Shrimp Ceviche/Black Bean Salsa

IMG_7754Growing up in a primarily Mexican-American neighborhood, I had easy access to authentic Mexican food-moist tamales, mouthwatering sopes, satisfying but simple tacos, and oh my goodness, the ceviche! I realize that authentic ceviche involves cooking raw seafood in citrus (usually lemon or lime juice) for many hours. However, I had to cater my ceviche to an Asian audience-namely, my family members. The Chinese palate leaves little room for raw anything, much less raw meat. Coming from a time and place when cleanliness concerns and food-borne infections could mean life or death, I understand my parents’ and grandparents’ concern when I told them how I had made my first batch of ceviche. So, I have modified my shrimp ceviche recipe to minimize the possibility of GI issues from having consumed undercooked meat. I realize that pre-boiling shrimp is not the authentic approach to making ceviche, but it is what gives my loved ones and me peace of mind when we plunge our tostadas into the juicy satisfying coolness of a fresh batch of ceviche.

For those who do not eat seafood, I have also made a black bean version of this dish, which has also been a crowd pleaser. In fact, that is one of the reasons that I created this food blog. After bringing the black bean salsa, I had several people ask me for the recipe, which prompted the thought: Wouldn’t it be nice if I actually had recipes in print that I can refer people to when they want to know how I made something? Now here we are. I finally have a place to direct people to for my recipes. I’m not trying to get instafamous or youtube famous (although that would be so lovely). I just want to share my food, cooking, and thoughts about food with others.

Anyway, coming back from that personal aside, shrimp can get expensive, so substituting black bean for the seafood makes this a great dish for potlucks, entertaining, or good healthy plant-based eating. The base of both these dishes is the same- a solid pico de gallo, comprised of tomato, onion, cilantro, chili pepper, and lemon/lime juice. So once you master the perfect umami balance that characterizes pico de gallo, you can use this as a base with a wide range of ingredients to create equally tantalizing concoctions.

Cooking tips:

Always keep in mind the chip you are serving with any salsa. If you have a very salty chip, go easy on the salt with your salsa. Mexican food is all about that perfect umami balance of salt, sour and spicy.

I made my own tostadas because they are healthier than the deep-fried kind. With tostadas, I’ve learned one thing: they are extremists when it comes to oil. Either use a lot of oil to fry them or don’t use any at all. Anything in between these extremes and you’ll get a soggy chewy mess. I opt for the no oil option for health reasons. And honestly, I don’t even really notice the difference between fried and baked tostada when you’ve got a delicious nest of ceviche or black bean salsa resting on it.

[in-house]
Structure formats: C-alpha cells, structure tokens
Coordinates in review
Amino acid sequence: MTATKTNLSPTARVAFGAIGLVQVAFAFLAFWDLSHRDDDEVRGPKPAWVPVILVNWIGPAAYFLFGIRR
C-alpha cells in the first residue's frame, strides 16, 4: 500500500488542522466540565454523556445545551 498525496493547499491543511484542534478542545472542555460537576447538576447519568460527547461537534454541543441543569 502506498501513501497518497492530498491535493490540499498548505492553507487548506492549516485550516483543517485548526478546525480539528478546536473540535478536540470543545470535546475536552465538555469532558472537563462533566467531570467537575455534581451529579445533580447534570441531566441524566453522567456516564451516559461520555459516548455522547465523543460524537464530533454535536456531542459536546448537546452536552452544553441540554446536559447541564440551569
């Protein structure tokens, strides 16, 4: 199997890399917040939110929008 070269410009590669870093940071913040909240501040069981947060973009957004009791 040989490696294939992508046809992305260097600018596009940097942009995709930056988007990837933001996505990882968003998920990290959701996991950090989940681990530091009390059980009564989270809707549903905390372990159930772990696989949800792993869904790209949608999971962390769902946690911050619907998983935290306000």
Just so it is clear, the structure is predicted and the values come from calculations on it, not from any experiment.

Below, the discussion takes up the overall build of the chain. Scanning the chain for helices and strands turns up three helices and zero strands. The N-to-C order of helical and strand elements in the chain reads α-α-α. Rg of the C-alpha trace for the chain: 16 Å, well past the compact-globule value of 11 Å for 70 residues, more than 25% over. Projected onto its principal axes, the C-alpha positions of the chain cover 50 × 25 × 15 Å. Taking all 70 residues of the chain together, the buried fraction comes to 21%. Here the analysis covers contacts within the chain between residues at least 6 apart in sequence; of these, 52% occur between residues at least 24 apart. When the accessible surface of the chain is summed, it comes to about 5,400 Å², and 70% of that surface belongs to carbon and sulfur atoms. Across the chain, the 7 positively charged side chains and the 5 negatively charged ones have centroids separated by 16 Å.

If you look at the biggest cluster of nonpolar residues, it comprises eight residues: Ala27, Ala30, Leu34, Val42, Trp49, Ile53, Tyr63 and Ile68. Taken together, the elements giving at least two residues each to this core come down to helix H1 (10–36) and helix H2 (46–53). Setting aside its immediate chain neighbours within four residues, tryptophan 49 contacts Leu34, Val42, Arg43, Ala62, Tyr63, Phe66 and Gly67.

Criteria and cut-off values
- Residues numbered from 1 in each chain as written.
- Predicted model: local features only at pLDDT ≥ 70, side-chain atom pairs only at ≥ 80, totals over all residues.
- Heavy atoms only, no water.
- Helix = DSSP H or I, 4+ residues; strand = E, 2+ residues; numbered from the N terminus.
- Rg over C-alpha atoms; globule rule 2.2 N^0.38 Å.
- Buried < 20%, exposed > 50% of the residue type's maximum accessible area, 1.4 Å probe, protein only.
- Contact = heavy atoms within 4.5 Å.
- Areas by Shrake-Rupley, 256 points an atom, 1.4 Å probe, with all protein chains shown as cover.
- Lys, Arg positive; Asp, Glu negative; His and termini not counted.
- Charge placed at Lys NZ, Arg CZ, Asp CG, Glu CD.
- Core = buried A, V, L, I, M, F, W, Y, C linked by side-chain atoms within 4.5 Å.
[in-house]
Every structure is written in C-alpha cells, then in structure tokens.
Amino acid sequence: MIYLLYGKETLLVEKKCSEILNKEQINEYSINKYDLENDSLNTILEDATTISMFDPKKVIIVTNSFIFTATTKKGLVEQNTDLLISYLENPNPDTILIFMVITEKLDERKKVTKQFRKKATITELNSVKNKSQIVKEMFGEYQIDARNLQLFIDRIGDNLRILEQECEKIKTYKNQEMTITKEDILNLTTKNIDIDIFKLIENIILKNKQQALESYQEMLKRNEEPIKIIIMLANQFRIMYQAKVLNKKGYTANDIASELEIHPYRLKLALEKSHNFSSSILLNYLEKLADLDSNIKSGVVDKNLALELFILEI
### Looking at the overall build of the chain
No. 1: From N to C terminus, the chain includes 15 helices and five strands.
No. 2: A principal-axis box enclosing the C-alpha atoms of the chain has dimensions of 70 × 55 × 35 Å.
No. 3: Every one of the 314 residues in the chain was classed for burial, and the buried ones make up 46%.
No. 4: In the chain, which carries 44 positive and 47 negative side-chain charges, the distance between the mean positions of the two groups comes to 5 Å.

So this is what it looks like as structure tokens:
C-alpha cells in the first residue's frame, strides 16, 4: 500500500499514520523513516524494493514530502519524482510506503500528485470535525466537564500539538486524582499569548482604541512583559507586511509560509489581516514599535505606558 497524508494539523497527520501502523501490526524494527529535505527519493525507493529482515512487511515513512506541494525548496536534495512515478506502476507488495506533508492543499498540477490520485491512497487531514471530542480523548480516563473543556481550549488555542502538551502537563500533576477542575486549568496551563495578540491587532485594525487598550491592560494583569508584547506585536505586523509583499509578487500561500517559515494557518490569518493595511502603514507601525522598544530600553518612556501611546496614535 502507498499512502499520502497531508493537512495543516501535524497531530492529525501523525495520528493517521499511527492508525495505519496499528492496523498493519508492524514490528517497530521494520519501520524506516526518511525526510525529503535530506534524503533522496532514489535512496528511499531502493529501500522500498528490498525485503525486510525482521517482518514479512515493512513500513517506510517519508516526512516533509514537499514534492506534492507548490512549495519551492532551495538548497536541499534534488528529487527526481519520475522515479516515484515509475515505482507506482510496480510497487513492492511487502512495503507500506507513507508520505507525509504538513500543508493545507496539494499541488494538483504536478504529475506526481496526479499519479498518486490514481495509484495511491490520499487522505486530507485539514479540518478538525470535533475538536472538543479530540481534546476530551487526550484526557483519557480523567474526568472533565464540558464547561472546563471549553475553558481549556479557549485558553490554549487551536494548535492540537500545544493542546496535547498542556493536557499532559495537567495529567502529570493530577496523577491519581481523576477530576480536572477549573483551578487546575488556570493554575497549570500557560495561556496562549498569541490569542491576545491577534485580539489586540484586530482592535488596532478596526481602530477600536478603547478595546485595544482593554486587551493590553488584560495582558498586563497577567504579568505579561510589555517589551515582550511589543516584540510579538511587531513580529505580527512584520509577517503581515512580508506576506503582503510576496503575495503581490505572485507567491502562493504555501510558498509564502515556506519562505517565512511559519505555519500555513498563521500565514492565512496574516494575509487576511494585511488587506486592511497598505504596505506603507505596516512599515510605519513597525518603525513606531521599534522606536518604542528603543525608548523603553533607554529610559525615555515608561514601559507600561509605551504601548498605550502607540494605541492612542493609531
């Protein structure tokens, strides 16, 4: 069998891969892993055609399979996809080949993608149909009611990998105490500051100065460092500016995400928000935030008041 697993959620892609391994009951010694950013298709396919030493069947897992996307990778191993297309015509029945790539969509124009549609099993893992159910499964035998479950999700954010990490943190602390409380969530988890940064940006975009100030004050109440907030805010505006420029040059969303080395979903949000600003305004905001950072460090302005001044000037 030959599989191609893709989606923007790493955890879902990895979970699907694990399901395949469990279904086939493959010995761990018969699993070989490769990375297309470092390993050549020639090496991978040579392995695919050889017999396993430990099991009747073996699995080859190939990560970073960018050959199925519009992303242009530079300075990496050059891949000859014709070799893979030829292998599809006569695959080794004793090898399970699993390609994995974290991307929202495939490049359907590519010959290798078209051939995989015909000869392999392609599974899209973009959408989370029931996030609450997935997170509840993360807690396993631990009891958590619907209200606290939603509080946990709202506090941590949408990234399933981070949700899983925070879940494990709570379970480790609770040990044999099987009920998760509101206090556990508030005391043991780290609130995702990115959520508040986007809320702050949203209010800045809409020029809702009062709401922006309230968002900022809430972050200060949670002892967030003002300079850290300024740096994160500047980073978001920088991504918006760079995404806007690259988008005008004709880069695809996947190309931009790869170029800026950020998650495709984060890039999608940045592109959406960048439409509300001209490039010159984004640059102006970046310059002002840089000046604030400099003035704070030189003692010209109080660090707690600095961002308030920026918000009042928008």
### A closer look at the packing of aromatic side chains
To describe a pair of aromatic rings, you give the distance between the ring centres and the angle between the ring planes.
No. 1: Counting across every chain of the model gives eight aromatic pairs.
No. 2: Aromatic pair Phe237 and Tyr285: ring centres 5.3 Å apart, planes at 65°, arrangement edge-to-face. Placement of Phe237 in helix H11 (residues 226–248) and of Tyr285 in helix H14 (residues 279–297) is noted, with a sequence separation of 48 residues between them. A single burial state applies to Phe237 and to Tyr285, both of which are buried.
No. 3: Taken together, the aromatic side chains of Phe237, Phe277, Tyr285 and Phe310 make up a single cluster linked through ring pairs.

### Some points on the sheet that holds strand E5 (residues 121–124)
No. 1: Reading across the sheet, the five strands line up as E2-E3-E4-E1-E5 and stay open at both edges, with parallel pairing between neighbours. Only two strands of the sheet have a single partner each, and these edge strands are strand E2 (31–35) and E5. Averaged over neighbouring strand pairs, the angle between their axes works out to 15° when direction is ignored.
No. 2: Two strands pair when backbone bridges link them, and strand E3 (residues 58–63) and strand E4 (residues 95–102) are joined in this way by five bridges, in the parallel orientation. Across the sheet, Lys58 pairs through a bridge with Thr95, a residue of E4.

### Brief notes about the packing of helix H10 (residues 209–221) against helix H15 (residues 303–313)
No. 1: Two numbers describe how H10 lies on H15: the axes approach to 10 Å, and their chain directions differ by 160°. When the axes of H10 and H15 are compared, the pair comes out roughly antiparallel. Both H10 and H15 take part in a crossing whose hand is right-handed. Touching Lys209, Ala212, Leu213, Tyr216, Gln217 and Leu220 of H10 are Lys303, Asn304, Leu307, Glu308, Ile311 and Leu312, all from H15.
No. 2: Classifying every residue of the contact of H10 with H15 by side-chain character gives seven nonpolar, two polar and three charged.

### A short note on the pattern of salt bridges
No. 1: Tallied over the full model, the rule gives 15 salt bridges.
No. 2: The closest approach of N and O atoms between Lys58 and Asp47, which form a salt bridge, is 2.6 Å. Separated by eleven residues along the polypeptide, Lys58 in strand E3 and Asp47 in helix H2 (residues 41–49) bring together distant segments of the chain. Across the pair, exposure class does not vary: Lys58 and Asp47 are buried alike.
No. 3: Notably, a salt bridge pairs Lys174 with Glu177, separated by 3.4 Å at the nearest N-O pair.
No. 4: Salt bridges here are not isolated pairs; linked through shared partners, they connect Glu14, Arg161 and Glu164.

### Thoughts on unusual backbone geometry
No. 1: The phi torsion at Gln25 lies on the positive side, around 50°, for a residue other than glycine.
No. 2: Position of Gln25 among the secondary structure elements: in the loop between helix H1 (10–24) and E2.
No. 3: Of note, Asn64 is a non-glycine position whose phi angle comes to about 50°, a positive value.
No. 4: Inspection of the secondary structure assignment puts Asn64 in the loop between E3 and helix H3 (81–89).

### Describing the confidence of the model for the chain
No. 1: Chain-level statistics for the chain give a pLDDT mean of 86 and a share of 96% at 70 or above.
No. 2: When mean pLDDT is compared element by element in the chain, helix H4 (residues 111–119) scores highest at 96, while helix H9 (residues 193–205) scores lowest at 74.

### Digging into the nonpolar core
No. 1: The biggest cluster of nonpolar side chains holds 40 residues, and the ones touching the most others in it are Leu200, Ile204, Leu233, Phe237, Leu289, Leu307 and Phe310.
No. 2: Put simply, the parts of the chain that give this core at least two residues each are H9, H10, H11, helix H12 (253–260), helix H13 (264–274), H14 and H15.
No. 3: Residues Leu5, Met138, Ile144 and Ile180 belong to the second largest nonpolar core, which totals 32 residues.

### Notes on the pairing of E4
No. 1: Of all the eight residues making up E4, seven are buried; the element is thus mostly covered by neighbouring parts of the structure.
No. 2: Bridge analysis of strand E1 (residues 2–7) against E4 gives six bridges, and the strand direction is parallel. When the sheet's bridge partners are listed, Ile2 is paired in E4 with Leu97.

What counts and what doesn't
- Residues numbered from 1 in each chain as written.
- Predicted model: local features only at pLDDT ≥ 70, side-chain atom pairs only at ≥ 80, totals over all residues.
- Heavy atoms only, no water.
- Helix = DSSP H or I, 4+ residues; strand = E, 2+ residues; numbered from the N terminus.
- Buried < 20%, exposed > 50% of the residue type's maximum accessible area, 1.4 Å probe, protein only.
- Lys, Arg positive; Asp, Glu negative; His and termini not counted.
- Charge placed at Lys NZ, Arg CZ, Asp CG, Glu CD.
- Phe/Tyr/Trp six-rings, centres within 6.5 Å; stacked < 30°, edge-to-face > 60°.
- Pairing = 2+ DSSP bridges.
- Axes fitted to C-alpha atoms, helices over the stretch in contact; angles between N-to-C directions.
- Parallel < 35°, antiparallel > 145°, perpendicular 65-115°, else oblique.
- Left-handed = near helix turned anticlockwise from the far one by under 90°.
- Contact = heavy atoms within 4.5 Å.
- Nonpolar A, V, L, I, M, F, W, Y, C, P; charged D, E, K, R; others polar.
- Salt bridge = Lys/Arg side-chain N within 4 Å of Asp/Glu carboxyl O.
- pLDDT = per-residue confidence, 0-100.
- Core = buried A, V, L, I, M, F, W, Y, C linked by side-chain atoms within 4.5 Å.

For any chunky salsa recipe, including pico de gallo, that I make, I always squeeze the chopped up ingredients with my hands. In my not-so-scientific opinion, it releases the juices from the respective veggies, allows them to swim with the juices of others, and then absorb the flavors of all the other kids in the pool. Try it out and see if you notice a difference!

Serves 6
Prep Time: 15 minutes
Marinade time: 3 hours-overnight

Ceviche/Black Bean Salsa
1 lb shrimp or 1 can black beans
2 ears fresh corn or 2 cups of frozen corn (only add if making black bean salsa)
5 large roma or any juicy ripe tomato
1 bunch of cilantro
1/2 onion, chopped
6 small avocados
3-5 pickled Serrano chiles
optional: 1-2 fresh jalapenos or Serrano chiles
a few generous pinches of salt, to taste
juice of 1 lemon and 2 limes

Corn tortillas

Peel and devein shrimp. Drop into boiling water and allow to boil for 3-5 minutes until just cooked through. Rinse with cold water to stop the cooking process and chop into bite sized pieces. (or Rinse black beans and allow to drain for 1-2 minutes.)

Finely dice tomatoes, onion, chiles, and cilantro and mix together. Add lemon juice and salt. When juicing lemon try to get some of the oils from the skin out-it intensifies the lemon flavor.

(Add in corn if you are making the black bean salsa.)

Wear plastic cooking gloves. Using your hands, squeeze the juices of the mixed chopped vegetables and continue to mix for approximately 2-3 minutes. This allows the flavors of the salsa ingredients to combine. Add in shrimp and continue squeezing and combining. (If you are making the black bean salsa, simply incorporate black beans to the salsa and let sit. Do not squeeze into the pico de gallo mix as that will smash the beans.)

Let it sit for at least 3 hours. For best results, let sit overnight.

For tostadas, pre-heat oven to 350 degrees Fahrenheit and place tortillas in a single layer onto a baking sheet. Allow to bake 15-20 minutes, rotating at least once to prevent burning. Take tostadas out when they are golden brown.

Serve with fresh avocado. Do not pre-mix avocado into the salsa as it will brown.



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